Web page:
30 Aug The Role of Social Media in Sport Today
Sport has become a huge industry in the past 40 years with the introduction of professionalism and a huge injection of cash through TV deals. Whilst TV has allowed sport to become a powerhouse in the entertainment industry, social media has taken it to the next level. In this article, I will look at social media’s role in sport and how it has transformed the way sport is viewed.
Before we get into it, let’s have a look at the power of social media in the current consumer climate. In terms of a more broad perspective, there are 500M+ Facebook accounts and approximately 700 billion minutes spent on the platform every month overall, this represents the volume of people on certain social media platforms.
Being more specific to the sporting world, global star Cristiano Ronaldo boasts over 74 million Twitter followers, whilst one of the biggest sporting brands in the world Barcelona has 145 million followers across all platforms. Success and reach cannot just be quantified by followers; interactions are crucial in determining if the message that is being portrayed is reaching consumers.
For example, in 2015, a staggering 265 million interactions were recorded during the Super Bowl. These figures just provide a glimpse of the commercial opportunity that many athletes, teams, and fans face, which is why this article will focus on these three groups in particular.
Social media has opened a new channel of communication between athletes and fans. There are wide-ranging opportunities for athletes in how they can utilise this channel. For example, an athlete such as Odell Beckham Jr looks to use social media pages to promote himself and build a brand, so that he can market himself globally.
This provides access to the commercial opportunity that social media creates. Whereas others prefer to use the various platforms for leisure, a personal favorite of mine is Manchester City’s defender Benjamin Mendy, who utilises tools such as Instagram live to interact with his fans.
Like athletes, teams have been granted this revolutionary way of connecting with fans. The information being communicated is different, whilst athletes are looking for some sort of personal gain, teams must always be looking to improve the brand perception as a whole whilst satisfying the fans.
This can be done through a variety of ways such as communicating up to date information regarding the matchday such as road closures, competitions, lineups etc. Humor has become more provident in recent times in sports teams social media platforms and is particularly well utilised by the NBA Teams, as seen below. So there is a variety of ways teams use their social media platforms to satisfy their fans, thus improving brand perception, which they hope leads to commercial gain.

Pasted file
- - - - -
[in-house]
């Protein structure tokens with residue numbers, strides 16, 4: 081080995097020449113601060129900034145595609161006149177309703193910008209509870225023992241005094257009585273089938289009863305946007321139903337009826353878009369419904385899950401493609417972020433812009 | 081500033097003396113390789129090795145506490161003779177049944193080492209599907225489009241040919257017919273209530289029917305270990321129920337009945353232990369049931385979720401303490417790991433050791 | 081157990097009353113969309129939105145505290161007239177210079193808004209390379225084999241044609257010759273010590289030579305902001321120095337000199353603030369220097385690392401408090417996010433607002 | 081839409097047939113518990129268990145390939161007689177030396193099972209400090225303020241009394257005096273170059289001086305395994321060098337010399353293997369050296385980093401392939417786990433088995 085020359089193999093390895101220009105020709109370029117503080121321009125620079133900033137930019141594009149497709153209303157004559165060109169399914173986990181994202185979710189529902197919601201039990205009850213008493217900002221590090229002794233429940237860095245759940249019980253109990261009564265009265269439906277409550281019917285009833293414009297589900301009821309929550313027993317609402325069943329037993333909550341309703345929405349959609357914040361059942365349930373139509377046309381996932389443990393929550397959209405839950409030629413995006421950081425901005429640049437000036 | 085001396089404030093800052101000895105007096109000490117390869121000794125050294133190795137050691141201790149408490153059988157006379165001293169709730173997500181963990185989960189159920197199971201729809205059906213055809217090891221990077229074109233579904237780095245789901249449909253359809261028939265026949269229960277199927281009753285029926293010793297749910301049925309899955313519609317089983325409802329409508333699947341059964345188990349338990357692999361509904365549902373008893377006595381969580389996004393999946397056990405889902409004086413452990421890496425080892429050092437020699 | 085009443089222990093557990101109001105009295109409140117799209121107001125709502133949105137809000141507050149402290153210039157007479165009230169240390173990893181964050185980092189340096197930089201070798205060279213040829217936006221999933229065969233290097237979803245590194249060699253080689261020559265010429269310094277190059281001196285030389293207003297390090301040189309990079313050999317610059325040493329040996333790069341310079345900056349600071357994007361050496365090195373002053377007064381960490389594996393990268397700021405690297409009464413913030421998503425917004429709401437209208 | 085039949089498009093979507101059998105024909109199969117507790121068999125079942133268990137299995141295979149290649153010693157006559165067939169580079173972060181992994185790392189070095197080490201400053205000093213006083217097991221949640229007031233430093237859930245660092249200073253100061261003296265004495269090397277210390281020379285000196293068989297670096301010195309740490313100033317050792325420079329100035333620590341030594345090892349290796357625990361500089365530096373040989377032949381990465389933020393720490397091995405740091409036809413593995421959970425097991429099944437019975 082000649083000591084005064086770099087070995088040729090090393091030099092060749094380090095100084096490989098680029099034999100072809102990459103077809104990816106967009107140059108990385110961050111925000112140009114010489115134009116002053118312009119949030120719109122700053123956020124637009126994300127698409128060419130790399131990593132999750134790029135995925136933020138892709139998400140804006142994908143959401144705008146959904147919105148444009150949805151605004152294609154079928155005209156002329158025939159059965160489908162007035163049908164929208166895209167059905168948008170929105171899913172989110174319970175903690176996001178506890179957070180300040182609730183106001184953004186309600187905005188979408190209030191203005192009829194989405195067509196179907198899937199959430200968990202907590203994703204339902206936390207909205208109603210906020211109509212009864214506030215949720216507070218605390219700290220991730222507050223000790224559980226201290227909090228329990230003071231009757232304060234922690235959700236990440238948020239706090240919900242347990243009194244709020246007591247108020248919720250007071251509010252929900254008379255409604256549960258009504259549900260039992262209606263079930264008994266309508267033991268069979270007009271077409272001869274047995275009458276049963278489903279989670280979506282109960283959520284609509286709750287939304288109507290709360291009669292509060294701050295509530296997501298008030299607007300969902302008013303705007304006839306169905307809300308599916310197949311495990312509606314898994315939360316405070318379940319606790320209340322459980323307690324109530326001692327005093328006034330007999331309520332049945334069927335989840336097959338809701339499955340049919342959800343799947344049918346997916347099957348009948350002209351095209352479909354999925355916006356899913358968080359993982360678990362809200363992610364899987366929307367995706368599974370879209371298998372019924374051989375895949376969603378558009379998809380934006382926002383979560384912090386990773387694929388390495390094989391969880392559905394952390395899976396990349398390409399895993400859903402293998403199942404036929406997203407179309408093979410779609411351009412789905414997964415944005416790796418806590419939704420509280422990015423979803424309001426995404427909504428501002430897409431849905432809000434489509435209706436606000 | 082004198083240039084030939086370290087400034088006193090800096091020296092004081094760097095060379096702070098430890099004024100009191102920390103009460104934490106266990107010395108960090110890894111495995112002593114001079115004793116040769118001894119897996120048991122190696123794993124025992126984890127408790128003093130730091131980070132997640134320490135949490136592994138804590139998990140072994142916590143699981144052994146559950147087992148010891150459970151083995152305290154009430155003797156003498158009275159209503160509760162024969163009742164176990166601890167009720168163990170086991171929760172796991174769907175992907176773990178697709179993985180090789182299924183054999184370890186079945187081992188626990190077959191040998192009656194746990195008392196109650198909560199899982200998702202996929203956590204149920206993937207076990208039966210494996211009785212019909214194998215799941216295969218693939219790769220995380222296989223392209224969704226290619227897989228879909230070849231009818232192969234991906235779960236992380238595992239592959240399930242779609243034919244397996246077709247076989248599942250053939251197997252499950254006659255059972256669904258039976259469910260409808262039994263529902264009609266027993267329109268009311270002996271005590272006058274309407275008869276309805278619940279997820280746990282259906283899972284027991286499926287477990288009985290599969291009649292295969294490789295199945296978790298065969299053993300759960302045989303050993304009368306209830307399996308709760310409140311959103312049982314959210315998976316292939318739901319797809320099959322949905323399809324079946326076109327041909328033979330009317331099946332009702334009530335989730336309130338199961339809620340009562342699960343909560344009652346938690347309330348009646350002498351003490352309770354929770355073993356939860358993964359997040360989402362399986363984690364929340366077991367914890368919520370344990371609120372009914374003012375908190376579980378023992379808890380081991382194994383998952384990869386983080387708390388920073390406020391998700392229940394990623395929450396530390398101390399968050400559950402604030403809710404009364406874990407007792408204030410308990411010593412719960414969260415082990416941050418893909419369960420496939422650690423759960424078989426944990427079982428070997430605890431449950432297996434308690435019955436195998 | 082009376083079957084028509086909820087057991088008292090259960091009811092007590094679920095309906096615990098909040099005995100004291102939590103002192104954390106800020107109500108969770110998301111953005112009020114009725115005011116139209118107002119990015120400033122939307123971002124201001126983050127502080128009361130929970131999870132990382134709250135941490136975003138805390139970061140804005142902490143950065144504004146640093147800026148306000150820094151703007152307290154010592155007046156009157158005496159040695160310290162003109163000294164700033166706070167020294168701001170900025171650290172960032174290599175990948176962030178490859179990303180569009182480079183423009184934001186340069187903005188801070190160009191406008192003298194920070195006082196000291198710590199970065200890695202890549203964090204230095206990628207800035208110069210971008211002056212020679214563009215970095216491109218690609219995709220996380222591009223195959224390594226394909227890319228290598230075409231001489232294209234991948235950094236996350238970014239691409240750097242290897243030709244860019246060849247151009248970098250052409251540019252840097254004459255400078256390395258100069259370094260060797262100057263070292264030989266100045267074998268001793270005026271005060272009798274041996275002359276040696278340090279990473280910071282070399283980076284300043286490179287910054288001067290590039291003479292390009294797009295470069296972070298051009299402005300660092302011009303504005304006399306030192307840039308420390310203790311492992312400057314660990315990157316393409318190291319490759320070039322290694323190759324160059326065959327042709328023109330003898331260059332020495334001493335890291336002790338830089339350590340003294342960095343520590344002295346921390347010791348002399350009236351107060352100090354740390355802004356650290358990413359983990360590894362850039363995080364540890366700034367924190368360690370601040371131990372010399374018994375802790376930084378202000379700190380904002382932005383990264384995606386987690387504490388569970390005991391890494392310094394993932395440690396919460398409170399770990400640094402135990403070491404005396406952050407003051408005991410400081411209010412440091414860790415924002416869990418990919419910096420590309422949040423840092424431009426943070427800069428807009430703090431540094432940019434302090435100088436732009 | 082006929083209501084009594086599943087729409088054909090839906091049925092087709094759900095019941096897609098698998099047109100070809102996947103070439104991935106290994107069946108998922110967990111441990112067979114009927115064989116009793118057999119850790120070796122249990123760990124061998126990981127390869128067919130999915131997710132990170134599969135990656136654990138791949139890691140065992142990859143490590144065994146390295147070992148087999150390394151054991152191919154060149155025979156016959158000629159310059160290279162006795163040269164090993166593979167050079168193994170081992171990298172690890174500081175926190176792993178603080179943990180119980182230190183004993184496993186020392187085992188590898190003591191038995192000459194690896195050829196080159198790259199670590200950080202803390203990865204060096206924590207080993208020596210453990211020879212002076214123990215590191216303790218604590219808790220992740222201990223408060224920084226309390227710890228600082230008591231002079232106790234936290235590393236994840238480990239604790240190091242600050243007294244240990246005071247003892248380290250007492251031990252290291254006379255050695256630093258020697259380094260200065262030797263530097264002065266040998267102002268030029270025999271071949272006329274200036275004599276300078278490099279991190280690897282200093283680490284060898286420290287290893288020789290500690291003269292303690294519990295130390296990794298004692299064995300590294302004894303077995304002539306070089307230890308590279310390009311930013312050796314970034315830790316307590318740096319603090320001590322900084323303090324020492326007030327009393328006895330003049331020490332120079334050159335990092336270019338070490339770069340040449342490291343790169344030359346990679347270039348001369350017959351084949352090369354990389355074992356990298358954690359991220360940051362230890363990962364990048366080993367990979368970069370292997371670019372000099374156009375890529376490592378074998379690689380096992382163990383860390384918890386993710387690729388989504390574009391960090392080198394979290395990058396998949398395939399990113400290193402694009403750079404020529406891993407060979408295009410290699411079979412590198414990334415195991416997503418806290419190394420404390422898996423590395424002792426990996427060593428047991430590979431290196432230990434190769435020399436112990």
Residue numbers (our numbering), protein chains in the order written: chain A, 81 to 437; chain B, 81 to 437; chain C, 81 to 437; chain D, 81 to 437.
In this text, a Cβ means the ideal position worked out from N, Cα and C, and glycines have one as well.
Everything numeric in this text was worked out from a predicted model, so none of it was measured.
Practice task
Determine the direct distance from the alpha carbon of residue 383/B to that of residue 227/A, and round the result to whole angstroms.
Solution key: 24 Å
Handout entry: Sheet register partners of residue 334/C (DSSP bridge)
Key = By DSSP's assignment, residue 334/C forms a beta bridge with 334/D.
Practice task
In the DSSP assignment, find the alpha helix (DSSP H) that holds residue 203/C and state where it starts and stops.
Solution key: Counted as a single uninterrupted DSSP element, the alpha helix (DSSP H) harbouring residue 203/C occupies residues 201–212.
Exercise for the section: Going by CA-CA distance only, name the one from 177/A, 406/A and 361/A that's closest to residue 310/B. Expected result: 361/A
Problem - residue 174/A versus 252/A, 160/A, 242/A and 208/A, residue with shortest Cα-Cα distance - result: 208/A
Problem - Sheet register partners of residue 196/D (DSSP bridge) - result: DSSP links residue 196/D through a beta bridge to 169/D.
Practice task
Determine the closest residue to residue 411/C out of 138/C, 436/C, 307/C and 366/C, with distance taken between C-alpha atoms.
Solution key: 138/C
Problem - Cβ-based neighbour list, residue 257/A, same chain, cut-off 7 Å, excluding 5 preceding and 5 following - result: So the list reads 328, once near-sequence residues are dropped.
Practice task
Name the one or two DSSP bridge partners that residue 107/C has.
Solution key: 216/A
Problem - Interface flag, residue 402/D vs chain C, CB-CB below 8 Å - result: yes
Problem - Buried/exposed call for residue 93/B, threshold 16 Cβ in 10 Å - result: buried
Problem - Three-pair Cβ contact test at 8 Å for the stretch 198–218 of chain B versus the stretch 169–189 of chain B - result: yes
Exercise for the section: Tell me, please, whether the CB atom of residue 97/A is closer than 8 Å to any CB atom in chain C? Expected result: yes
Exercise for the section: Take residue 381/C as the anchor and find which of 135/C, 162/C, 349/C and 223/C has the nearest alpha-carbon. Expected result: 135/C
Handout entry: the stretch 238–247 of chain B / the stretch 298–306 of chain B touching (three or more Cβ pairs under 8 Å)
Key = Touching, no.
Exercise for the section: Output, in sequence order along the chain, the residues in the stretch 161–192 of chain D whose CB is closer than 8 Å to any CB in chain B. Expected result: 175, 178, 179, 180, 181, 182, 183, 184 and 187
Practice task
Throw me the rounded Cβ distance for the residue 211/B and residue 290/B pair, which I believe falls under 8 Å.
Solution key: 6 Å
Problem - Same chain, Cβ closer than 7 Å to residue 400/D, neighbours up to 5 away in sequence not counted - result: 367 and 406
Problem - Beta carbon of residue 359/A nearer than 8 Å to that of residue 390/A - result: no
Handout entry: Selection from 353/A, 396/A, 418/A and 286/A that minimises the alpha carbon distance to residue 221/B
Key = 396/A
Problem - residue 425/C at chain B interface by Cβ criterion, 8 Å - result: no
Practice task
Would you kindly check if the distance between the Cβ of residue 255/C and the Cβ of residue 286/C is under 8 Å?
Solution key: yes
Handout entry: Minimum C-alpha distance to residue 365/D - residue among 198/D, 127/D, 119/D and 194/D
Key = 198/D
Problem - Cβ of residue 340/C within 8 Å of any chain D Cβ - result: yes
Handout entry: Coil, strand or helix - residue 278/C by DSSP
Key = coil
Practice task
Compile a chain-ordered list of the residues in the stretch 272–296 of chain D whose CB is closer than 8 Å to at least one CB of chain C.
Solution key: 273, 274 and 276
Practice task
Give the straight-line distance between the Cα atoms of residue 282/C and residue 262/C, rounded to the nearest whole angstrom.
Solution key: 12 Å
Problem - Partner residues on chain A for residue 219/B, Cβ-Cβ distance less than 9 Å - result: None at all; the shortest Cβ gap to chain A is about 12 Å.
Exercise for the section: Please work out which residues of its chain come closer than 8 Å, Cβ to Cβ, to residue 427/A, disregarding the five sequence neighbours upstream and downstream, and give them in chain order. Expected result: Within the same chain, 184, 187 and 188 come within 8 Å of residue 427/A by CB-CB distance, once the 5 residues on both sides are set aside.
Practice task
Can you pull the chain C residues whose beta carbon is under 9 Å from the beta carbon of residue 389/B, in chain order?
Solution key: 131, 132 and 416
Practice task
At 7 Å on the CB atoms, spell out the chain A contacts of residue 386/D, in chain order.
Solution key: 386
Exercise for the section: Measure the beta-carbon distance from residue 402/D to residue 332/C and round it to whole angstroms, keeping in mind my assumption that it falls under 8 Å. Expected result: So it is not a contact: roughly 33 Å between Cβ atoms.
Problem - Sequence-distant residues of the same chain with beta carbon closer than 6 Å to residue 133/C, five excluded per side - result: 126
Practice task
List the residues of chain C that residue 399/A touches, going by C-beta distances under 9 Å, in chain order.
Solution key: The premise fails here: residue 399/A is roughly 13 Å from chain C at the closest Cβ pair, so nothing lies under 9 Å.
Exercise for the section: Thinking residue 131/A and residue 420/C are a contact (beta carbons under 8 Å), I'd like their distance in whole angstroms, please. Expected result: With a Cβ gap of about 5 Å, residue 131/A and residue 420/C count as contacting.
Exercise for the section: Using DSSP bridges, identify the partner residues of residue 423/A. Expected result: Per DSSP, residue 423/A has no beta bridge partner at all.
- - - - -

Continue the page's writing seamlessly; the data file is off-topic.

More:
I believe the real winner of the phenomenon that is social media is the fans. Before there was no means of communicating with your sporting heroes unless you went to the game and were lucky enough to them before or after. Now it can be done with a few clicks of your phone or mouse. Social media doesn’t just provide entertainment for fans; you can exploit the commercial gain that it presents. One of the more well-known examples in the UK is Arsenal Fan TV, a YouTube channel, which allows fans to voice their opinion after the game, and has propelled some fans to the title of ‘Z list celebrities’.
Social media does have its fair share of negativity directed towards it. The ability that fans posses to interact with athletes often has a detrimental effect on their mental health. NBA players Kevin Love and DeMar DeRozan have highlighted these issues, as they actively attempt to remove the stigma that surrounds mental health issues in the NBA.
Overall, social media is a powerful machine that has transformed the sporting world for good, well mostly. It has created a two-way communication platform where fans can interact with their heroes and favorite teams to create a more immersive experience.
However, it is important to note that social media has not all been sunshine and rainbows for sports, which can be seen through the toll it takes on athletes such as Kevin Love, and Demar DeRozan as mentioned above. Social media has been a great thing for sport but we all need to remember not to be a keyboard warrior and that goes for both athletes and fans alike!